• Collaborating with White House and Administration Senior Officials to help ensure top-level leadership commitment from across the federal government to utilize small businesses;
  • Training prospective and existing small businesses to acquire the confidence and skills needed to successfully  compete for and win federal contracts through GC Classroom;
  • Strengthening, building capacity and increasing opportunities in America's supply chains for small businesses through the American Supplier Initiative (ASI); and
  • Conducting outreach and matchmaking events across the country to ensure that small businesses everywhere have direct access to federal buyers.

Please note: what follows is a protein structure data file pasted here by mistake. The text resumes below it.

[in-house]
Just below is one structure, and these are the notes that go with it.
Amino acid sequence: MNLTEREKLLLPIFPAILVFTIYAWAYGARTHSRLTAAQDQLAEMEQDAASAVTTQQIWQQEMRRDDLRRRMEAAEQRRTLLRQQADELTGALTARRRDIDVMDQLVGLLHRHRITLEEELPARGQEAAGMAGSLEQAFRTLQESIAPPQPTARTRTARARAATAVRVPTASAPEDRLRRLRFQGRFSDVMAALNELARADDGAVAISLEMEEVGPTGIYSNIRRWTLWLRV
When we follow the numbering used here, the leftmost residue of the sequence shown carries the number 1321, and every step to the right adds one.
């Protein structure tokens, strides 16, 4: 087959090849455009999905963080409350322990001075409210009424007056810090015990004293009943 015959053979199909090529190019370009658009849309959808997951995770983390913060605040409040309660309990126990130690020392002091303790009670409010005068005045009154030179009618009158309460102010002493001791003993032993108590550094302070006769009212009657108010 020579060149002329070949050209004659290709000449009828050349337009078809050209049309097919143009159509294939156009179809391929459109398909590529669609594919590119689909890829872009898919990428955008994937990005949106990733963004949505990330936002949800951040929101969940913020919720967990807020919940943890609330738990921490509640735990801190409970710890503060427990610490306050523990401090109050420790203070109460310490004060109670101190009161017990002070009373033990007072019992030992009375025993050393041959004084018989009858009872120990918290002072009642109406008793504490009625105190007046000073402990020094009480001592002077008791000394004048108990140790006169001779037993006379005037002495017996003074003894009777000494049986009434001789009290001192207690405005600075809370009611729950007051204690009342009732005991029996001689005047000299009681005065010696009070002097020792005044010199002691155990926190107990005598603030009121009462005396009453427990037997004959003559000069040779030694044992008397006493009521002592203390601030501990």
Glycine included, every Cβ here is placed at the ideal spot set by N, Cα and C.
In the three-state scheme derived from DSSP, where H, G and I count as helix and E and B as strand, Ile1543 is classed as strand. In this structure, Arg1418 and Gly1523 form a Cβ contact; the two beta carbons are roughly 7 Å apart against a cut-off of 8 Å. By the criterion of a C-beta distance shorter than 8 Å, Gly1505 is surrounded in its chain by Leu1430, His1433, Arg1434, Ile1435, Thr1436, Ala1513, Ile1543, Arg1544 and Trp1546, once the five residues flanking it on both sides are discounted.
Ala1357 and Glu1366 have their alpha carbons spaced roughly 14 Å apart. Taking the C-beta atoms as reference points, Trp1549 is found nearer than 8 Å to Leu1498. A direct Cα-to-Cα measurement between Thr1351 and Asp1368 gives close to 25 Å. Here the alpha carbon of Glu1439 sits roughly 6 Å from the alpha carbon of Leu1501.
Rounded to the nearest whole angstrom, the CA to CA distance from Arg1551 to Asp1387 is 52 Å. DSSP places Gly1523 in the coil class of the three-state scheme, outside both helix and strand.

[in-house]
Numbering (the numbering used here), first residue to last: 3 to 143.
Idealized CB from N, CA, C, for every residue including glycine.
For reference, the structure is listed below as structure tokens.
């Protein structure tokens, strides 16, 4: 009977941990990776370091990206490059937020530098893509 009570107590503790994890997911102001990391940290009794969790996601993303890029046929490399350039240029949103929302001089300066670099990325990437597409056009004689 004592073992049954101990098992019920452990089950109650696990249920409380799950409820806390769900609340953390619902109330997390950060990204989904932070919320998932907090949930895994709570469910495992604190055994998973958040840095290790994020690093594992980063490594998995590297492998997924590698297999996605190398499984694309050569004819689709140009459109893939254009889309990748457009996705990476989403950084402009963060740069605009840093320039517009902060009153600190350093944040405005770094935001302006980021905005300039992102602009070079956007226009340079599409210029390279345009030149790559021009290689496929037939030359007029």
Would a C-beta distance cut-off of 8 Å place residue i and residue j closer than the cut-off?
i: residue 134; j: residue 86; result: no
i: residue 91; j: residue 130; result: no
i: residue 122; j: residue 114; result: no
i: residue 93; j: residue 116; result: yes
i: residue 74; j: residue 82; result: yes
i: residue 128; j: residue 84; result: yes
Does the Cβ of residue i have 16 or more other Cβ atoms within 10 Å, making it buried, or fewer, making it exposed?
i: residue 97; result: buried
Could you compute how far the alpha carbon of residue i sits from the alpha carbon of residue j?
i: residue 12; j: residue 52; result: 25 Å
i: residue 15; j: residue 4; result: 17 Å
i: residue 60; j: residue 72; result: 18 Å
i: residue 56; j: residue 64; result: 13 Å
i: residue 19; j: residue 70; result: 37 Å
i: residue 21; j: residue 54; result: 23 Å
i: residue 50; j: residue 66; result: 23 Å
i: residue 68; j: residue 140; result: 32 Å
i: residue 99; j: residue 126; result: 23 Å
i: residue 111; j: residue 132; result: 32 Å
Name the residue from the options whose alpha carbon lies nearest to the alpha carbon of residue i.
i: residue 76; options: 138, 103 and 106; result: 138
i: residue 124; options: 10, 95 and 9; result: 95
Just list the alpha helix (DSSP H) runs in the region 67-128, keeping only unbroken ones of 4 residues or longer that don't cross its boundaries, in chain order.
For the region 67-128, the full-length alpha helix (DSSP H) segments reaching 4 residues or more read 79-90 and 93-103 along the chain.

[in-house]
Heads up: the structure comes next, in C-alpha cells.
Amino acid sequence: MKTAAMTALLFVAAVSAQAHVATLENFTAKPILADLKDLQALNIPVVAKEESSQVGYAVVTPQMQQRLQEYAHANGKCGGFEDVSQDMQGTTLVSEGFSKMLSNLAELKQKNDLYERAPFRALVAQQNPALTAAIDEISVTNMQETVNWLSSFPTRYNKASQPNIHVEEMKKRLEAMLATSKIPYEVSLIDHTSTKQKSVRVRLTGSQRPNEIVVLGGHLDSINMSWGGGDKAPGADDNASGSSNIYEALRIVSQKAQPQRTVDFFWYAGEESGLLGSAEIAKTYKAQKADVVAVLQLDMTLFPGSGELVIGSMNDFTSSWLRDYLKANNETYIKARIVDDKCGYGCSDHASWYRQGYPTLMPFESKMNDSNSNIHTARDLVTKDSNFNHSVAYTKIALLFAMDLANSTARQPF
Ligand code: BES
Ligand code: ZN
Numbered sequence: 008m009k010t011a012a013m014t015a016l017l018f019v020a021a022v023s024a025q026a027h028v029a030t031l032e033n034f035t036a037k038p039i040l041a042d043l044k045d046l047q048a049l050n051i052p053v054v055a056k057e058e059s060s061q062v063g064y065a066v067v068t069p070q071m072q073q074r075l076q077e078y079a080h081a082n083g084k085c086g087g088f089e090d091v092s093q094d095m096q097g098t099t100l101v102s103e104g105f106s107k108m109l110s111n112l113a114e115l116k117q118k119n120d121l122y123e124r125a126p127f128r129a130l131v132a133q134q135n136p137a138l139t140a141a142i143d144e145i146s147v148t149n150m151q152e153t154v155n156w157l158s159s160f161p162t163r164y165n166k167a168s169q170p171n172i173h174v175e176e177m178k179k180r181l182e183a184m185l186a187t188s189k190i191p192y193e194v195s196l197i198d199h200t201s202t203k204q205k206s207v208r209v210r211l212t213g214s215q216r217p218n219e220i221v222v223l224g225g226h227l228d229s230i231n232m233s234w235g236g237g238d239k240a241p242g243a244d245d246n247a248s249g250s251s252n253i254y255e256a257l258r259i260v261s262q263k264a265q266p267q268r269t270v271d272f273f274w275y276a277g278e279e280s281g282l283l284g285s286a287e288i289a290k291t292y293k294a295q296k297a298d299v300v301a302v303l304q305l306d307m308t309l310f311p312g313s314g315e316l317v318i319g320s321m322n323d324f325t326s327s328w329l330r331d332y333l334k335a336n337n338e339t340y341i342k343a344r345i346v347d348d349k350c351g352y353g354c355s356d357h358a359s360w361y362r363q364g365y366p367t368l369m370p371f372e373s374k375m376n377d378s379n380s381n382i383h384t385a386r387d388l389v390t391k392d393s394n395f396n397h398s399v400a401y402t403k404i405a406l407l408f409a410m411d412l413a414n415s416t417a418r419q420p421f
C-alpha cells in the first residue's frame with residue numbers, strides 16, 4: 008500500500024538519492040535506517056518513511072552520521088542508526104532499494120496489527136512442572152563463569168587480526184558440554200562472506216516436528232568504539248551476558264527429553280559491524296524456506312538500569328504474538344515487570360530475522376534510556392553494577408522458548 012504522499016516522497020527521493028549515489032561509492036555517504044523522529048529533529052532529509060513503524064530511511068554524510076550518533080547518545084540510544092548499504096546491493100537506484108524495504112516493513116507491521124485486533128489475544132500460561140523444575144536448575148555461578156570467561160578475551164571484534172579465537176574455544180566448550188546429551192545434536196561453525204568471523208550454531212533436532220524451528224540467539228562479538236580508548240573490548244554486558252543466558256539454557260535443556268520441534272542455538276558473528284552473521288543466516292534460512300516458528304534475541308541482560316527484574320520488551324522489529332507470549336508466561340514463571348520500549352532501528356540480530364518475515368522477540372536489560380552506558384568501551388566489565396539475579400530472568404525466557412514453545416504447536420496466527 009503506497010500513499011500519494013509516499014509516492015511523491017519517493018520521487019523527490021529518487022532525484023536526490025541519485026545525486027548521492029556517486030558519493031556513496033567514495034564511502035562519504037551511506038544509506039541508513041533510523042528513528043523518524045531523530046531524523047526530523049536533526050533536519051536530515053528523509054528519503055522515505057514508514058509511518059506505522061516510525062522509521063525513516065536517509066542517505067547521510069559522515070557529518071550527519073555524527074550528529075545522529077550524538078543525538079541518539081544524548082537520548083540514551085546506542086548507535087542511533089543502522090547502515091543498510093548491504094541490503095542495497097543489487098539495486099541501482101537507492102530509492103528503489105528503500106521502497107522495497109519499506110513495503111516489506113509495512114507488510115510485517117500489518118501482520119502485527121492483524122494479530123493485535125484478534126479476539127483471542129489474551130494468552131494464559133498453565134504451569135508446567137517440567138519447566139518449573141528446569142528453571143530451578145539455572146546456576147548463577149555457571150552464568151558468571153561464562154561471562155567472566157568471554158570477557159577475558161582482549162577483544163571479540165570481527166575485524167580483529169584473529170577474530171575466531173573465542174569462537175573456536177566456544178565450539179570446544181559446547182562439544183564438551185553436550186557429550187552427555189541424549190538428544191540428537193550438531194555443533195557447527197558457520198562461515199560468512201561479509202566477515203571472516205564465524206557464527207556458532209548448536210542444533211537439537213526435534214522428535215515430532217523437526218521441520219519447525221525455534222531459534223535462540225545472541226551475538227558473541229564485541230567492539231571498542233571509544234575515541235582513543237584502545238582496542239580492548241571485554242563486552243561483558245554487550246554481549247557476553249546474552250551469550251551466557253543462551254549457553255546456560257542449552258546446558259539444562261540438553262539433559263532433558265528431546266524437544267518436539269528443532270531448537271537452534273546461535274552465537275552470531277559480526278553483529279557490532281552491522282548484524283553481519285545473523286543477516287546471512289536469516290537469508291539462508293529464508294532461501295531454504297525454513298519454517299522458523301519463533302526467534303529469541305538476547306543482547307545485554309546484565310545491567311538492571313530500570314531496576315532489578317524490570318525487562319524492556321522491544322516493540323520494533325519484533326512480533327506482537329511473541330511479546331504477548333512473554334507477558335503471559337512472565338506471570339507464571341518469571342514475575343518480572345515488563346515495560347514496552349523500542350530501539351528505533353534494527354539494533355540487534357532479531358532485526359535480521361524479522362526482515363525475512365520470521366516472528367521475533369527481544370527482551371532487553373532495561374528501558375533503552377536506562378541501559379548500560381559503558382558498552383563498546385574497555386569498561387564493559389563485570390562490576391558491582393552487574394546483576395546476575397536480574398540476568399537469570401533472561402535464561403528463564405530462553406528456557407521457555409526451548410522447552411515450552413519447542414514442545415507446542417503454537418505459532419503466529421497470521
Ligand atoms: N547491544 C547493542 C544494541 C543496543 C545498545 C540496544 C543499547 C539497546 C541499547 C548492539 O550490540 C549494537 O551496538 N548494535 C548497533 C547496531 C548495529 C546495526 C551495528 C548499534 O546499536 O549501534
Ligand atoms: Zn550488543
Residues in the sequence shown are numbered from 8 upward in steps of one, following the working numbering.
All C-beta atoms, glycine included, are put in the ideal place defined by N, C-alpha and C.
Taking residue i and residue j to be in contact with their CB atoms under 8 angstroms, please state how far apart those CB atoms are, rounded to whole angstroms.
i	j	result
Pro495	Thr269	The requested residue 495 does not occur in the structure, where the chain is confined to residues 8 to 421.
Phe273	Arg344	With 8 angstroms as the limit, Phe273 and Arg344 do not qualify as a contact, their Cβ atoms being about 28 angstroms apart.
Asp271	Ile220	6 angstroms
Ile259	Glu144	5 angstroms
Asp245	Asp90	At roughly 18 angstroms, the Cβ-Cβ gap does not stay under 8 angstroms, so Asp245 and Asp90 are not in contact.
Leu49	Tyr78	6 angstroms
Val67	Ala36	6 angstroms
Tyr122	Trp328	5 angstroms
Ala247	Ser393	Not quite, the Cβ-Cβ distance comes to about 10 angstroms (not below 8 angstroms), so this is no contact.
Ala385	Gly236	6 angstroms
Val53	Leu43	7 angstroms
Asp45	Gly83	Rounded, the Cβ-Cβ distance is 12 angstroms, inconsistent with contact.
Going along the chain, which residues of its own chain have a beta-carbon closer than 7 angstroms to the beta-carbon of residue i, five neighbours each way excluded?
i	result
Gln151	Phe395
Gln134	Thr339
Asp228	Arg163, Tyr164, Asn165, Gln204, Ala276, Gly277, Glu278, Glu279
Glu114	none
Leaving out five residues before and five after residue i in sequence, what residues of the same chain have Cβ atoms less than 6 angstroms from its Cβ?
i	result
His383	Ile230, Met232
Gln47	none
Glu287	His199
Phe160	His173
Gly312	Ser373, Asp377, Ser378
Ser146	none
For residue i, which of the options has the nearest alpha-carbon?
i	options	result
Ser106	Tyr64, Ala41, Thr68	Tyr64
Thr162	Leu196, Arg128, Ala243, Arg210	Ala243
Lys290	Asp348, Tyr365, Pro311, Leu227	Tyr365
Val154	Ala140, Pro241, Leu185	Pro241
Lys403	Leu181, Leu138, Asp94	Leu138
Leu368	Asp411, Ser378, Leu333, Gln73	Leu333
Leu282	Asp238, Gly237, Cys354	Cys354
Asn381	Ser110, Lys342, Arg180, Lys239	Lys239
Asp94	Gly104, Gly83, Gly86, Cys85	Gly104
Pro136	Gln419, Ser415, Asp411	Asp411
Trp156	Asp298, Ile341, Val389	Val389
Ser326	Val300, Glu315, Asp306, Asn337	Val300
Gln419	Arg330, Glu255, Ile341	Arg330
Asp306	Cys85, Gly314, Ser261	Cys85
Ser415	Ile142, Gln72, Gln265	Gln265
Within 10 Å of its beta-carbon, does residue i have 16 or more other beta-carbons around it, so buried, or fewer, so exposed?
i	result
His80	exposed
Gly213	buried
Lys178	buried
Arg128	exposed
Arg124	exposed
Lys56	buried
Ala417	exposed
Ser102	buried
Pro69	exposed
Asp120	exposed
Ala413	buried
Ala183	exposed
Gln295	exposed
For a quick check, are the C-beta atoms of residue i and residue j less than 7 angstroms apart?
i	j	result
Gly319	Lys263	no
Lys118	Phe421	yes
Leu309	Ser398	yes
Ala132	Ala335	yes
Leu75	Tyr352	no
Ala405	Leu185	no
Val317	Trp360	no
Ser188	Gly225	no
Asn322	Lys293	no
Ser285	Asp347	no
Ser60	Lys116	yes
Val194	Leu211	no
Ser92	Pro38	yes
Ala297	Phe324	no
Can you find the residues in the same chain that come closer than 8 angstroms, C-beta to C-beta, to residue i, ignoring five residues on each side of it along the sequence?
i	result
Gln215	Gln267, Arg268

In particular, SBA recently launched a strategic HUBZone and 8(a) Business Development Program Recruitment Initiative to recruit new firms into both programs that better meet the needs of the federal procurement marketplace.  SBA also recently joined with Women Impacting Public Policy (WIPP) and American Express OPEN to launch the ChallengeHER initiative, to inform Woman-Owned Small Businesses about the opportunities available within the federal supply chain.

Small businesses are the backbone of our economy. SBA and the Obama Administration will continue to provide small business owners the necessary tools to ensure they have the wind at their back, enabling them to grow and create jobs.

For more information about the Small Business Procurement Scorecard, visit SBA.gov.

About the Author:

John Shoraka

SBA Official

John Shoraka is the Associate Administrator for Government Contracting and Business Development at the U.S. Small Business Administration.

Comments:

thanks for useful information. unfortunately in Georgia, micro and small business is not exist.